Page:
Heavy Melville: Mastodon's Leviathan and the Popular Image of Moby-Dick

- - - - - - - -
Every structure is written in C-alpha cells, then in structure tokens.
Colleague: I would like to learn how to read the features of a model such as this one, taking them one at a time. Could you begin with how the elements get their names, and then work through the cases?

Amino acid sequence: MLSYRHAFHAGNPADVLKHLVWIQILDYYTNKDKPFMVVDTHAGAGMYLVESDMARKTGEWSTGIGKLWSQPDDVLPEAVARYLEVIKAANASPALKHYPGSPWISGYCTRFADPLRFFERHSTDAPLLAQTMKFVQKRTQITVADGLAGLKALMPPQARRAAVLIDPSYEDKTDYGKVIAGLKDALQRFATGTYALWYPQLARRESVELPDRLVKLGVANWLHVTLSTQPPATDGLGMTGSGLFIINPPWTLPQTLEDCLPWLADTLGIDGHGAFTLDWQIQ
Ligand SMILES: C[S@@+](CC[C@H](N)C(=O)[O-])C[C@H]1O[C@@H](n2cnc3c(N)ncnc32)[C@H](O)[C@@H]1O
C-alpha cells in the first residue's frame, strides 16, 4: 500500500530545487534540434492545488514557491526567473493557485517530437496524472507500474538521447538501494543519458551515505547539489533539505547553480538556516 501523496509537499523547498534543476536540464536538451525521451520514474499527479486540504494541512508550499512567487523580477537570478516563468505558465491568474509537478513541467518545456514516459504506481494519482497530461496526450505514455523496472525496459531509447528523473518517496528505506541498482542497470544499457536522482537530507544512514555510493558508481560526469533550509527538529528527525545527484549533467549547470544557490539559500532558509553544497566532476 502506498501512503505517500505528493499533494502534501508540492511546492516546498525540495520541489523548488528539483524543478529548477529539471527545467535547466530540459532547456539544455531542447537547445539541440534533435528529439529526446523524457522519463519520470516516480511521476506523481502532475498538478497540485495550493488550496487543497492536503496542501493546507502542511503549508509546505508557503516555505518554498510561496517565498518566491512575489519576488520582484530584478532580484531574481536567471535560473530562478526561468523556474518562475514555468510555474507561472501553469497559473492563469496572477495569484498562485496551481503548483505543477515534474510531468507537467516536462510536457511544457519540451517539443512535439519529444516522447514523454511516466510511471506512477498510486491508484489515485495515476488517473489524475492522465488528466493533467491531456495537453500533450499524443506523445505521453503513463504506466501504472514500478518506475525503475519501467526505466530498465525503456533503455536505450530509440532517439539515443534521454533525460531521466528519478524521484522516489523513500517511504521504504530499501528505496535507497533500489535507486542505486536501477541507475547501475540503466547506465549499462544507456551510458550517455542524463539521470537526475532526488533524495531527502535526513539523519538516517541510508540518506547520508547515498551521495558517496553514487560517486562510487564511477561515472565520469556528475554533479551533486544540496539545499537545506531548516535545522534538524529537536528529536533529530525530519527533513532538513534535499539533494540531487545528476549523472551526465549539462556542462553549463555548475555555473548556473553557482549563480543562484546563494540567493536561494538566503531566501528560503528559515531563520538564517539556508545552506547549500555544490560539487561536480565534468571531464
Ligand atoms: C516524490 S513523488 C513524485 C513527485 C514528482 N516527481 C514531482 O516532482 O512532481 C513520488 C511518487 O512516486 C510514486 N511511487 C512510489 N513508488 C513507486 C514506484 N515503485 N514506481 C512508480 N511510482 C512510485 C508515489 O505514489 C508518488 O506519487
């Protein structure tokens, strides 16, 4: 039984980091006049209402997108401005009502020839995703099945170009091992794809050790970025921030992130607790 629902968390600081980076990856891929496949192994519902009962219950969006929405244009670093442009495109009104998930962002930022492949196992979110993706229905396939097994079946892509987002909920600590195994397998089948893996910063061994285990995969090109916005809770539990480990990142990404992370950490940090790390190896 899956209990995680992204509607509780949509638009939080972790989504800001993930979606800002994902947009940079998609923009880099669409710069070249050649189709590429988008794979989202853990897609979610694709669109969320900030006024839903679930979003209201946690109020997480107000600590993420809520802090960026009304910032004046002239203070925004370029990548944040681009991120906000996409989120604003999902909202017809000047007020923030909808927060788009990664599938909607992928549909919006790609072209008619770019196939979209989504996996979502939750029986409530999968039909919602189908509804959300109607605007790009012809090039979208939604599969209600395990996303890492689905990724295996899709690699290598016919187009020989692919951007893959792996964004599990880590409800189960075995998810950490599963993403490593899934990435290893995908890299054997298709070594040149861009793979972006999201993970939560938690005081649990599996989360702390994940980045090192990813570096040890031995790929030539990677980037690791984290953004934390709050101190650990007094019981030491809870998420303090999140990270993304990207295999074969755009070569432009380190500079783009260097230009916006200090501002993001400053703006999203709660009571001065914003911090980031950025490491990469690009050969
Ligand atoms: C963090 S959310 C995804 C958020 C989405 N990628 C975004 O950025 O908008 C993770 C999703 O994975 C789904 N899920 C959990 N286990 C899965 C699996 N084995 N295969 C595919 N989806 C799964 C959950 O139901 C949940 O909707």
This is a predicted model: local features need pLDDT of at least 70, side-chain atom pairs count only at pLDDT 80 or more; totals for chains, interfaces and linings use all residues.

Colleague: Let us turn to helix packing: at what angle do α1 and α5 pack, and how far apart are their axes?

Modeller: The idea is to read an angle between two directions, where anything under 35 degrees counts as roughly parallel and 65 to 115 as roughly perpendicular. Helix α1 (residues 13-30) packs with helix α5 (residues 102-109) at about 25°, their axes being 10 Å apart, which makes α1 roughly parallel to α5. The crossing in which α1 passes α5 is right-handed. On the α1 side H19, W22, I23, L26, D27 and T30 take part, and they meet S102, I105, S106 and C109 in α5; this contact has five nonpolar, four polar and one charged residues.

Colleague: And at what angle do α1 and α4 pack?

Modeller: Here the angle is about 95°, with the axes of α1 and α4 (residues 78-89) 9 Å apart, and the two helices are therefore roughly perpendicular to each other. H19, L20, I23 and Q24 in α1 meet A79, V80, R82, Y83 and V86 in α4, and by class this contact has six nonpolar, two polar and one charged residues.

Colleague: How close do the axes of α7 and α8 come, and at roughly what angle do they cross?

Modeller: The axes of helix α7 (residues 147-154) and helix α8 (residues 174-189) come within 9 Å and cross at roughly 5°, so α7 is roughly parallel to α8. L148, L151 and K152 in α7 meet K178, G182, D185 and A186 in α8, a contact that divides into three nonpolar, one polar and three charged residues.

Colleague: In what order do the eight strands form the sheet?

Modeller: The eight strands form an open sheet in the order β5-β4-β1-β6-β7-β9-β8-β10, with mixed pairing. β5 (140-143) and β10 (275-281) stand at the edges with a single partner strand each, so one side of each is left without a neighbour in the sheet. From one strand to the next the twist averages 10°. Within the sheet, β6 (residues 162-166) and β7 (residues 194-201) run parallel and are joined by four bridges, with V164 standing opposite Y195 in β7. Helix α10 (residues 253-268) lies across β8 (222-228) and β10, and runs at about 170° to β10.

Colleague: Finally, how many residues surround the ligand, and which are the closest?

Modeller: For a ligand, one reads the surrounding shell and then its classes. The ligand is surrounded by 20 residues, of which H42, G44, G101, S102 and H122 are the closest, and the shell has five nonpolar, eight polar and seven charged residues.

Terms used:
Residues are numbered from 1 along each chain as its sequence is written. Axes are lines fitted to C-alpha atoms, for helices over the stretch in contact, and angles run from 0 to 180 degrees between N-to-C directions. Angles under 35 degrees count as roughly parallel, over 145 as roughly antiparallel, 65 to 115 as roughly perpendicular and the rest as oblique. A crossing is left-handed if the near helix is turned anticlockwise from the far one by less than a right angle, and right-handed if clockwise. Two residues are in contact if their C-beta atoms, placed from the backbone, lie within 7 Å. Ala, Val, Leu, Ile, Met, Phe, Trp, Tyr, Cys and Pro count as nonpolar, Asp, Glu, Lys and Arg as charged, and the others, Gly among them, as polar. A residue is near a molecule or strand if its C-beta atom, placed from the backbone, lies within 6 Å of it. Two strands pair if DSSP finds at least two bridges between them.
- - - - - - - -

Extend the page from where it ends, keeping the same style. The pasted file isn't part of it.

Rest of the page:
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Heavy Melville: Mastodon’s Leviathan and the Popular Image of Moby-Dick CRAIG BERNARDINI Hostos Community College, CUNY T he oft-repeated story behind Mastodon’s decision to adapt Moby-Dick has already precipitated into the stuff of heavy metal legend. On a 30hour plane odyssey from a European tour to a wedding in Hawai’i, the band’s drummer Brann Dailor read the novel cover to cover and decided, in the words of The New York Times’s Ben Ratliff, that it was “a metaphor for a small crew of manic, undershowered rock musicians on tour.”1 Upon his return, Dailor proselytized his fellow band members into producing a record about the novel. Leviathan was released on the Relapse label in August 2004, bearing cover art of whale and Pequod, and song titles like “I Am Ahab,” “Blood and Thunder,” and “Hearts Alive” (the latter two are drawn from Stubb’s whispered exhortations to his crew). The album debuted at number 139 on the Billboard chart and received the aforementioned glowing Times review. Over the last few years, Mastodon has climbed the rock-tour hierarchy to larger venues and opening slots for bands like Slayer and Tool. Blood Mountain, their 2006 followup to Leviathan, was named one of the top 50 albums of the year by Rolling Stone. For the student of literary history, there is something mildly ironic about a pop culture artifact achieving broad popular appeal by adapting a famously unpopular book. The tale of Melville’s professional demise is no less grandly mythical than that of Dailor’s literary infatuation: The “man who lived among the cannibals” grows disgusted with writing potboilers and, attempting to remake himself into the consummate artist, spends more than a year “in the grip of his masterpiece” before unleashing it on an unwelcoming establishment.2 The novel receives mixed reviews and sells poorly; within a few years, its author has retreated to magazine writing; he dies in obscurity four decades C  2009 The Authors Journal compilation C  2009 The Melville Society and Wiley Periodicals, Inc. 1 Ben Ratliff, “Hast Seen the New Metal Album?” New York Times (27 December 2004), E5. 2 Andrew Delbanco, Melville: His World and Work (New York: Knopf, 2005), 122. L E V I A T H A N A J O U R N A L O F M E L V I L L E S T U D I E S 27 C R A I G B E R N A R D I N I later. In sum, the popular author refuses to martyr himself on the altar of commerce, and is popularly crucified upon his own “botched” masterpiece. Of course, the Melville legend does not end here, for literary criticism has rewritten tragedy as triumph. The largely unread text of Melville’s time has been resuscitated as the still largely unread, but popularly ubiquitous, canonized image of the book. Contemporary interpreters adapt less Melville’s sublime failure than Moby-Dick’s popular image—and gain both prestige and popular appeal in the process. In an interview with the British magazine Rock Sound, Mastodon guitarist Bill Kelliher remarked that Dailor “saw it as a sign” when he found the band’s name in Melville’s phrase “salt-sea mastodon.”3 But Kelliher’s remark prompts the question: a sign for what? Reviews of the album written by fans suggest that Moby-Dick functions, like any other high-culture artifact, as a prestige label, and one particularly suited to heavy metal. Of all pop music genres, heavy metal has the most fraught relationship with high culture, elements of which it at once appropriates and rejects. With Leviathan, Mastodon announces its evolution from the status of an anti-elite, anti-popular sub-subcategory of heavy metal performers into an elite (and increasingly popular) “art metal” band by appropriating the text in which Melville himself overthrew commerce for art. But the prestige of Moby-Dick is not the generic prestige of high culture; it is the prestige of the sublime masterpiece, which functions to temper the threat of “selling out” to both the art elite and the mass market by invoking the masculine ideologies of...